Circular Economy the Key to Halting Biodiversity Loss, BCSDH says
Photo by BCSDH
The fifth Circular Economy Summit was held this month with nearly 150 people in attendance. The event focused on the close interrelation of circular economy and biodiversity.
According to the Hungarian Business Council for Sustainable Development (BCSDH), only 8.6% of the global economy is circular, despite the fact that it is one of the most effective tools to tackle pressing challenges like the preservation and restoration of biodiversity.
At the biggest circular event of the year, which the council held with the help of ING Bank, a number of corporate and startup examples of the circular economy were provided along with an overview of international processes. Today, the Circular Economy Platform, which was established at the initiative of the Hungarian Business Council for Sustainable Development (BCSDH), the Dutch Embassy, and the Hungarian Ministry of Innovation and Technology, consists of 97 members.
BCSDH argues that the impact of the linear economy is unquestionable: more than 90% of the biodiversity loss is caused by the extraction and processing of natural resources. In the last decade, the global economy has consumed 70% more virgin materials than the world can safely replenish.
"Companies must be at the forefront of systemic changes. Those who act earlier are apparently less likely to suffer from external effects such as rising energy prices, shortages of raw materials, or disruptions in supply chains… Climate neutrality must be achieved urgently – among other things – through the spread of the circular economy, which the leading companies have already recognized… according to this year’s ‘Towards Net Zero’ research, the use of circular solutions is increasingly coming to the fore. For the time being, these solutions are mostly seen as new business opportunities alongside preexisting ‘material-intensive’ processes. But the aim should increasingly be to replace the latter, as this approach can only slow down the use of natural resources," highlighted Attila Chikán Jr., president of BCSDH, in his speech.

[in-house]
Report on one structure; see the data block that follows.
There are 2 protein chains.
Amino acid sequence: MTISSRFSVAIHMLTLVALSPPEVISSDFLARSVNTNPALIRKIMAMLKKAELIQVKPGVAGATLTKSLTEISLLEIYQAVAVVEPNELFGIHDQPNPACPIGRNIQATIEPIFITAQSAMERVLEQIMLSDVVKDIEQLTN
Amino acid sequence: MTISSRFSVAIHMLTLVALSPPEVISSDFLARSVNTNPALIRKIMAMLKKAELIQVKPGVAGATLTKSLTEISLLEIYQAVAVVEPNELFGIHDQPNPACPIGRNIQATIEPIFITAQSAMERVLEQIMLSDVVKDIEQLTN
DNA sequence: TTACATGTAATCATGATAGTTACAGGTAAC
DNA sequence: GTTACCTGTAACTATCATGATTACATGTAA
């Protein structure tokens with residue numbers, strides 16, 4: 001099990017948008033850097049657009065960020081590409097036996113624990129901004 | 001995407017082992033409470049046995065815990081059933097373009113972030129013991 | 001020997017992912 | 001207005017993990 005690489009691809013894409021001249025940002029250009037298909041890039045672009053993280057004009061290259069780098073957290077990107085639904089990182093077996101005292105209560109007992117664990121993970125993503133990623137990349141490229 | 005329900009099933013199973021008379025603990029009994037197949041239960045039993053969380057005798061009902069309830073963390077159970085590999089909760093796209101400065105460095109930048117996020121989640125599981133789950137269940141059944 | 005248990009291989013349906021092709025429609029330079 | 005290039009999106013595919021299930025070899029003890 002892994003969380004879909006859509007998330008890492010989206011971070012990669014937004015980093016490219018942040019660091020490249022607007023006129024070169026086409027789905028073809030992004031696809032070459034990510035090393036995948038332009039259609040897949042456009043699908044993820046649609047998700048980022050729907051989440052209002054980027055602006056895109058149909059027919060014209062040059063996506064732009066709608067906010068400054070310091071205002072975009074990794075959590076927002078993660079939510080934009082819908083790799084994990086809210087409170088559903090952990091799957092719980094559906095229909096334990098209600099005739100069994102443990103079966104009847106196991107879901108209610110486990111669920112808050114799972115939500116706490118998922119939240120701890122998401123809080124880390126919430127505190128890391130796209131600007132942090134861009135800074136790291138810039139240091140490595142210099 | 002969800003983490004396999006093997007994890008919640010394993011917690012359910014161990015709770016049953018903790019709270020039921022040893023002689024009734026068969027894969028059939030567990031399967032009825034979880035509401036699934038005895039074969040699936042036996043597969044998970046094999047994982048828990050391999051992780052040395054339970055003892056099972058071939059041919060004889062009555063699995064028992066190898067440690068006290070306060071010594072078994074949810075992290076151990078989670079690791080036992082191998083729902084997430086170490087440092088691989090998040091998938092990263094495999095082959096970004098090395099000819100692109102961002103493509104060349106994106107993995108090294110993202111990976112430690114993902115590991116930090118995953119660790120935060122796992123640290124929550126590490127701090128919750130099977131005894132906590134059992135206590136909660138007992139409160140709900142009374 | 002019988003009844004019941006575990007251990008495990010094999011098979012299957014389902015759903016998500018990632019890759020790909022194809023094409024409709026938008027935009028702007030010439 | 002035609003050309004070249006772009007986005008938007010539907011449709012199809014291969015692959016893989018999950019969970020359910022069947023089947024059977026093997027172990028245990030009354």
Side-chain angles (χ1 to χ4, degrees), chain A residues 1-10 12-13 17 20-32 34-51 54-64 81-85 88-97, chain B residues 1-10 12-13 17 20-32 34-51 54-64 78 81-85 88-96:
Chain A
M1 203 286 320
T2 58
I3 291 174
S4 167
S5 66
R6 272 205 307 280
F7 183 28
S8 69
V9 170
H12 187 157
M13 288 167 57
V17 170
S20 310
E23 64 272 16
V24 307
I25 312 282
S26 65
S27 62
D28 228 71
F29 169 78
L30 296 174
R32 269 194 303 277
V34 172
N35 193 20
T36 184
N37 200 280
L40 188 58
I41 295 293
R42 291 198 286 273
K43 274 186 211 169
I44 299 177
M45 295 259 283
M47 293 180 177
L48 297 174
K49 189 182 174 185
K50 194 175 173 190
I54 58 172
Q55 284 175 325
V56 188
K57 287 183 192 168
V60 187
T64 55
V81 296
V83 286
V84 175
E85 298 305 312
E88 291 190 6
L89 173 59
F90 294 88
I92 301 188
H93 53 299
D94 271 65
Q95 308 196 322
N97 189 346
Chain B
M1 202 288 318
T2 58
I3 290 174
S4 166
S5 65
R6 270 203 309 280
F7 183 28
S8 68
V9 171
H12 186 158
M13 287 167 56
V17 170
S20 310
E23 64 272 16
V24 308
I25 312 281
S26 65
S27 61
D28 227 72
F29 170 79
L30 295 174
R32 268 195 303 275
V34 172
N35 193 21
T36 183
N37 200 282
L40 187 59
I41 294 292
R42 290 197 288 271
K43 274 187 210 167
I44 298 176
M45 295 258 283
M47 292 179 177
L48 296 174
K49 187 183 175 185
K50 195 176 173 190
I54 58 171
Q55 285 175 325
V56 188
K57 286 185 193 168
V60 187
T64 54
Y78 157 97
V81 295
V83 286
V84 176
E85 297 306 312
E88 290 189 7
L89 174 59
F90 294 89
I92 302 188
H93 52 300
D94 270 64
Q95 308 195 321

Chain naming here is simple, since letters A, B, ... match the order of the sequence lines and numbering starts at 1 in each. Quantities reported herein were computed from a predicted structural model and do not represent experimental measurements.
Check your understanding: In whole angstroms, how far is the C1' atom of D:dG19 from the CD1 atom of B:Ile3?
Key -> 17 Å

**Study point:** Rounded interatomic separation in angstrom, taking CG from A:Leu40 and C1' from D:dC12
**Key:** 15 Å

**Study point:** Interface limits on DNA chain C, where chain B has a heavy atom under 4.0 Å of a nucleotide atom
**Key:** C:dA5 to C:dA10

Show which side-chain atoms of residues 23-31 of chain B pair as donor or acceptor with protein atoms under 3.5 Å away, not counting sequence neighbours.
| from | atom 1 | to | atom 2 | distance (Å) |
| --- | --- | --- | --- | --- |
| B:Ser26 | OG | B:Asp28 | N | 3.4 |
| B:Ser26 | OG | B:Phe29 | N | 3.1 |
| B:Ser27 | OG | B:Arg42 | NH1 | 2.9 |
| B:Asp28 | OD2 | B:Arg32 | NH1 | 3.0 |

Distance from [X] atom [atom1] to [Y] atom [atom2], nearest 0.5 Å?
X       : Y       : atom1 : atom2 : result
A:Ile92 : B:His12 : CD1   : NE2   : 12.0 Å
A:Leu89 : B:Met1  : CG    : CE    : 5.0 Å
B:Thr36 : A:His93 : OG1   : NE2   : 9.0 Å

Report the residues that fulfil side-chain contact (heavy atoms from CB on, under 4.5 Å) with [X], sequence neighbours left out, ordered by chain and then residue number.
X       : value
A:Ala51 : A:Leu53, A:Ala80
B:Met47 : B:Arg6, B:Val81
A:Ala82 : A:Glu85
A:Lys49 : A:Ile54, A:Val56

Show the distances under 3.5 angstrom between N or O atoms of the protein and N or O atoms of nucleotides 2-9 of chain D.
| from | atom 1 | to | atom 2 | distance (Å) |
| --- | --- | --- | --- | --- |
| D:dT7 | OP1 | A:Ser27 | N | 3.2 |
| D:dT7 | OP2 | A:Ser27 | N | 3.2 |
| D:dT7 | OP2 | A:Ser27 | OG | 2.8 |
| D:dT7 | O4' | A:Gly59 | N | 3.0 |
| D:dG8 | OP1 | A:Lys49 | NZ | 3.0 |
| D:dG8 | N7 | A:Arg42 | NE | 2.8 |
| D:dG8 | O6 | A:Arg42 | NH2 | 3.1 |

"Use the current crisis to build a circular, regenerative and future-proof economy that not only stops the destruction of the Earth but restores the damage that has been done," added Efstathios Andreou, Deputy Ambassador of the Netherlands to Hungary in his opening speech.
Guest speaker at the Circular Economy Summit was Prof. Dr. Jacqueline Cramer, a renowned expert on the circular economy, professor at Utrecht University, chair of the board of the Dutch Circular Hotspot, former Dutch Minister of Housing, Spatial Planning and the Environment, and author of the book Building a Circular Future, published in 2022.
"Coalitions and alliances need to be built with those willing to take the lead in making a circular future a reality, and the number of pilot schemes needs to be expanded with more and more donors and active government involvement," she said.
Hungary is currently not managing its natural resources well and is far from circular, but it is encouraging that, as in Europe, the legislative process has started to address the issue of the circular economy, the council argued.
"Sustainability is at the heart of ING Bank’s strategy. We see the shift to a circular economy as essential to preventing climate change, and financial institutions have the responsibility to be the drivers of this process, as we banks can provide the finance to make the transition," added Tibor Bodor, CEO of ING Bank, and host of the event.
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